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International Monetary Fund. External Relations Dept.

Asia was not immune to the effects of the recent global economic slowdown, but there are some indications that the region’s emerging market economies are beginning to recover. In a speech to the Eleventh Asia Business Conference at the Harvard Business School on February 2, Wanda S. Tseng, Deputy Director of the IMF’s Asia and Pacific Department, said that these countries now need to move forcefully on the unfinished structural reform agenda—particularly in the banking and corporate sectors—to ensure sustained growth and resilience against external shocks. She focused on the progress Asian countries have made to date in financial sector and corporate restructuring. But what more needs to be done to cement the progress already made? Following is an edited version of her remarks.

William P. Mako

For the latest thinking about the international financial system, monetary policy, economic development, poverty reduction, and other critical issues, subscribe to Finance & Development (F&D). This lively quarterly magazine brings you in-depth analyses of these and other subjects by the IMF’s own staff as well as by prominent international experts. Articles are written for lay readers who want to enrich their understanding of the workings of the global economy and the policies and activities of the IMF.

Mr. Mark R. Stone
This paper summarizes the objectives, tasks, and modalities of large-scale, post-crisis corporate restructuring based on nine recent episodes with a view to organizing the policy choices and drawing some general conclusions. These episodes suggest that government-led restructuring efforts should integrate corporate and bank restructuring in a holistic and transparent strategy based on clearly defined objective and including sunset provisions.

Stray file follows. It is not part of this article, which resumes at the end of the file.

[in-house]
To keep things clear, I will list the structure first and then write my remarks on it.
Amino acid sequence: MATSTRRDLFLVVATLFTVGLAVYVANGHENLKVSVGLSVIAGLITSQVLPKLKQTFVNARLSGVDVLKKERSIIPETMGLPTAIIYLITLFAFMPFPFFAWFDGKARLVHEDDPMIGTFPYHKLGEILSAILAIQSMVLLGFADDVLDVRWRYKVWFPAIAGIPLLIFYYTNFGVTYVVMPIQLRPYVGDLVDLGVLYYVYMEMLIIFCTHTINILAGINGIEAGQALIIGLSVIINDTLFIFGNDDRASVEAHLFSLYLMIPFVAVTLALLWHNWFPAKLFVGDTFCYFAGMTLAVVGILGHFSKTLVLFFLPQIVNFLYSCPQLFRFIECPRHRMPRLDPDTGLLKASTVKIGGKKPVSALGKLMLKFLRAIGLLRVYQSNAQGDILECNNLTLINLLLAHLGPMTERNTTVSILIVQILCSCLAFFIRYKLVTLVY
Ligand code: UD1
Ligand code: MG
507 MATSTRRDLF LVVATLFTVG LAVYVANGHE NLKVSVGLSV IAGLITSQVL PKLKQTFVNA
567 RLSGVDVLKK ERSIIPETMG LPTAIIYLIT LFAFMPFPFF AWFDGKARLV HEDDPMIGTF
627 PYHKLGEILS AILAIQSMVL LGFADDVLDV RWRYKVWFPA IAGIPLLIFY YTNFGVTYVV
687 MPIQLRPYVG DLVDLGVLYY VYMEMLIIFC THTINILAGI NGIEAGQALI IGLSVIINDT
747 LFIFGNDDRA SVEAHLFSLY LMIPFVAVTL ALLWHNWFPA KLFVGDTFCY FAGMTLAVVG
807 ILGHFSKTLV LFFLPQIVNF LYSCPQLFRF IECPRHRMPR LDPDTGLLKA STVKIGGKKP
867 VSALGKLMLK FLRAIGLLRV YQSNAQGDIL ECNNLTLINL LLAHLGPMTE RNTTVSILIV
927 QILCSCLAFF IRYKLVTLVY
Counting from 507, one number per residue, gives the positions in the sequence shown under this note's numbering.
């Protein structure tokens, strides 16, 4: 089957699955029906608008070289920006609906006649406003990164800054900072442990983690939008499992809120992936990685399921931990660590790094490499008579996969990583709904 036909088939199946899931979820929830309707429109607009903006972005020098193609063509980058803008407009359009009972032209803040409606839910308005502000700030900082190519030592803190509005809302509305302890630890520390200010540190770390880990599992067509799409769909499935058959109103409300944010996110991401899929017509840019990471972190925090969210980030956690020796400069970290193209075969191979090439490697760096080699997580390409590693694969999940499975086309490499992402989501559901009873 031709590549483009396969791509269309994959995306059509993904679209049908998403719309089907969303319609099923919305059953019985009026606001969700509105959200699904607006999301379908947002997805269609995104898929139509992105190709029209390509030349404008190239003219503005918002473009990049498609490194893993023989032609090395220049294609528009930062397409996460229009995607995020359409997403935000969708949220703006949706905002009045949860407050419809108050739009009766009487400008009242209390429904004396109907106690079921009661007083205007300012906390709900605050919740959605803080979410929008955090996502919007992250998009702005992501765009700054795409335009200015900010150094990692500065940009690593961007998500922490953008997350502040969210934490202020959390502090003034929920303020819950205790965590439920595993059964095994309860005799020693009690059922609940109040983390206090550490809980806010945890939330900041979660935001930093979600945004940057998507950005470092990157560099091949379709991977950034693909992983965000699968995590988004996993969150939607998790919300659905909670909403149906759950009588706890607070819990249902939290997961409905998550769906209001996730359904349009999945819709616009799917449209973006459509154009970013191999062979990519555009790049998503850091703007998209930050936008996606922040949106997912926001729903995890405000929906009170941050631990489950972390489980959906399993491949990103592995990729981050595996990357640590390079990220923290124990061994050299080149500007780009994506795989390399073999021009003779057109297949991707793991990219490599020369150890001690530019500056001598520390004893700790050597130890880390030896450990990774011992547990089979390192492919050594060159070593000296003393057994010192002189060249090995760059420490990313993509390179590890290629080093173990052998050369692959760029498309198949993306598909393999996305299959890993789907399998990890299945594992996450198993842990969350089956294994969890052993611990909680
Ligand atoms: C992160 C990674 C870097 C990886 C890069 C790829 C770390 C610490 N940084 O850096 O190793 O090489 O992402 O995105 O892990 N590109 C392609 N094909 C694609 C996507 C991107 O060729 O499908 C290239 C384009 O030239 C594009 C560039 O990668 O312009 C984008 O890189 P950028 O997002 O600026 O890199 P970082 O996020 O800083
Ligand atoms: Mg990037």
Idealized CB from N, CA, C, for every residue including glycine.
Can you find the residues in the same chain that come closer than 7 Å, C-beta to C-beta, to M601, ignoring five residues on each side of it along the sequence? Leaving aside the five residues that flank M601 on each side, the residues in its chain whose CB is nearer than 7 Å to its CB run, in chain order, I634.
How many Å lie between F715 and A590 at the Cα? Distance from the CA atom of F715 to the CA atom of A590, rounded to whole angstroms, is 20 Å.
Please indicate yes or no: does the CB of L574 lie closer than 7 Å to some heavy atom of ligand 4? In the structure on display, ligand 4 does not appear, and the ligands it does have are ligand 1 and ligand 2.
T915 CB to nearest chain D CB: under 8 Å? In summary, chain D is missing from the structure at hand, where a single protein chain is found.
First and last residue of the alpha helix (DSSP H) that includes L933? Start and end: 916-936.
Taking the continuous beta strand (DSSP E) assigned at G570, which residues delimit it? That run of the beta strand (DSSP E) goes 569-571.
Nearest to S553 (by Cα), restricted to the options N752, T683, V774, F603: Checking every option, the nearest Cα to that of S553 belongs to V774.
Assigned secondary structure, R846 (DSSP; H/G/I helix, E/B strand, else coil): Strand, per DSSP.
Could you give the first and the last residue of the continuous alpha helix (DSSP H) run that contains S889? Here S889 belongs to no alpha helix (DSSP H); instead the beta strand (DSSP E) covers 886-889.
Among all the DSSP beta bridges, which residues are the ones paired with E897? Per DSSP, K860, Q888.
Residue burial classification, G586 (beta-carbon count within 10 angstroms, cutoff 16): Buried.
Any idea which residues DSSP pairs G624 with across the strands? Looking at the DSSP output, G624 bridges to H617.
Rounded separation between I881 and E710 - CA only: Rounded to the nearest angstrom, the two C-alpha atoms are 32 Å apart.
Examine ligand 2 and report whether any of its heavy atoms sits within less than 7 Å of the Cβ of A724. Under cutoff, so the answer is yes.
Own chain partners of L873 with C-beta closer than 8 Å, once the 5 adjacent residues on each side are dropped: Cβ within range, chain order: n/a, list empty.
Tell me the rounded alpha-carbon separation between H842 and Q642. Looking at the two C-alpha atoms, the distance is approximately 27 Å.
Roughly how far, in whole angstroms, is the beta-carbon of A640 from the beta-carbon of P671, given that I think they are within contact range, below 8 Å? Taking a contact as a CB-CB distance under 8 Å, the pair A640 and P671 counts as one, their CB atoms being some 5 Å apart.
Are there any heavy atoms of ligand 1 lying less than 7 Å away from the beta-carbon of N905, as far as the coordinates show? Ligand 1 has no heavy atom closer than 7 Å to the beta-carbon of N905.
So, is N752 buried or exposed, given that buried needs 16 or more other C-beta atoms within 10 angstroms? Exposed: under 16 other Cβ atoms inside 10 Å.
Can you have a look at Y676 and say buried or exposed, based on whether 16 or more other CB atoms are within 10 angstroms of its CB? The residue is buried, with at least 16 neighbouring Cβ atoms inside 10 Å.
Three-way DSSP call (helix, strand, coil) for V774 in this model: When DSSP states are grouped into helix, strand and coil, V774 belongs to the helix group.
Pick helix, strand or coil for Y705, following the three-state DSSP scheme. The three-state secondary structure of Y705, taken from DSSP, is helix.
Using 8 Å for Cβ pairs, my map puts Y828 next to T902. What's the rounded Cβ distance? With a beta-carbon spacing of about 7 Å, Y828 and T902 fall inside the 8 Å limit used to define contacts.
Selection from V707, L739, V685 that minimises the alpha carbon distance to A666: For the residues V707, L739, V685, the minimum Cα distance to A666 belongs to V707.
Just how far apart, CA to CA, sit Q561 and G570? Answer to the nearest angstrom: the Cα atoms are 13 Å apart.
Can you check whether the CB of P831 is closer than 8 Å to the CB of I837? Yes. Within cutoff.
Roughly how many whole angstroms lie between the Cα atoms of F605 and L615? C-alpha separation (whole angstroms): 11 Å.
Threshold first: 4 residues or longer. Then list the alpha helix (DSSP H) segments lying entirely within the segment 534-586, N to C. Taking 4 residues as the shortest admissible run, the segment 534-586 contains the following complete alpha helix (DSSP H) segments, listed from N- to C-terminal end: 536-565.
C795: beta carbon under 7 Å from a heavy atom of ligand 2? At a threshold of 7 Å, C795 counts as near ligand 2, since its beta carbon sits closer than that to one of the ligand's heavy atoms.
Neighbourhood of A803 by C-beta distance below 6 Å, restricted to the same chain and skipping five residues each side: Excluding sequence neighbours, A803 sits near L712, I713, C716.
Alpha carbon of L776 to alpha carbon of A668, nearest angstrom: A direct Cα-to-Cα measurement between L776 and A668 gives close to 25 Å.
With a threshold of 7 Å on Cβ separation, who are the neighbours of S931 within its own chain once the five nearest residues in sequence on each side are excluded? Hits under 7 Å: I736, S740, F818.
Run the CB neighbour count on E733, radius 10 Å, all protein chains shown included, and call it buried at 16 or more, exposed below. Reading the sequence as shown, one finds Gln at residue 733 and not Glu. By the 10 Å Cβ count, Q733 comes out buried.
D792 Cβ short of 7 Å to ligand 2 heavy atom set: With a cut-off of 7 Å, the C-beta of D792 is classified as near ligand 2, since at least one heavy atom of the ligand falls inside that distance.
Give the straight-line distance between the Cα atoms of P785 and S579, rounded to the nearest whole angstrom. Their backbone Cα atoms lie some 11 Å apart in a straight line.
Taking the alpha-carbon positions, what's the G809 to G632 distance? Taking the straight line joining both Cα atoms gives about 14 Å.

Mr. Jorge A Chan-Lau and Mr. Toni Gravelle
This paper describes a corporate sector vulnerability indicator, the expected number of defaults (END), based on the joint occurrence of defaults among a number of firms and/or institutions. The END indicator is general enough to assess systemic risk in the corporate and financial sectors, as well as systemic sovereign risk; and is also forward looking as it is constructed using information implied by financial securities prices. Using equity prices and balance-sheet data, we calculate the END to assess systemic risk in the corporate sector in Korea, Malaysia, and Thailand. We also discuss how the END systemic risk indicator overcomes some of the shortcomings of other vulnerability indicators.
Mr. Joong S Kang
We trace Japanese firms’ behavior over the last decades using aggregate corporate balance sheet data. Financial health of Japanese corporate sector has improved and firms paid back significant amount of debt and rebuilt their liquidity buffers. They also expanded abroad while the pace of corporate investment moderated. Regarding the latter, model estimates on aggregate corporate investment over the post bubble period show that expectation about future profitability, in particular medium-term demand outlook, has been the major driver, implying that a successful implementation of structural reforms could have positive impact even in the near term by improving the medium-term demand outlook.
Ms. Yingbin Xiao, Mr. Dale F Gray, Cheng Hoon Lim, and Michael T. Gapen
In this paper, we examine the ability of the contingent claims approach (CCA) to identify corporate sector and economy-wide vulnerabilities. We apply the Moody's MfRisk model, which uses aggregated CCA principles, to assess vulnerabilities retroactively in two historical country cases. The results indicate that the method may prove helpful in identifying corporate sector vulnerabilities and estimating the associated value of risk transfer across interrelated balance sheets of the corporate, financial, and public sectors.
International Monetary Fund

This Selected Issues paper takes stock of the progress made in meeting the objectives under Indonesia’s Extended Arrangements (1998–2003) program. The paper addresses progress in achieving the programs’ core macroeconomic objectives, with an emphasis on how Indonesia’s economic recovery compares with those of the other major Asian “crisis” countries. A major conclusion of the paper is that, while significant progress has been made against many of the key objectives of the arrangements, Indonesia’s overall economic performance has lagged behind others in the region.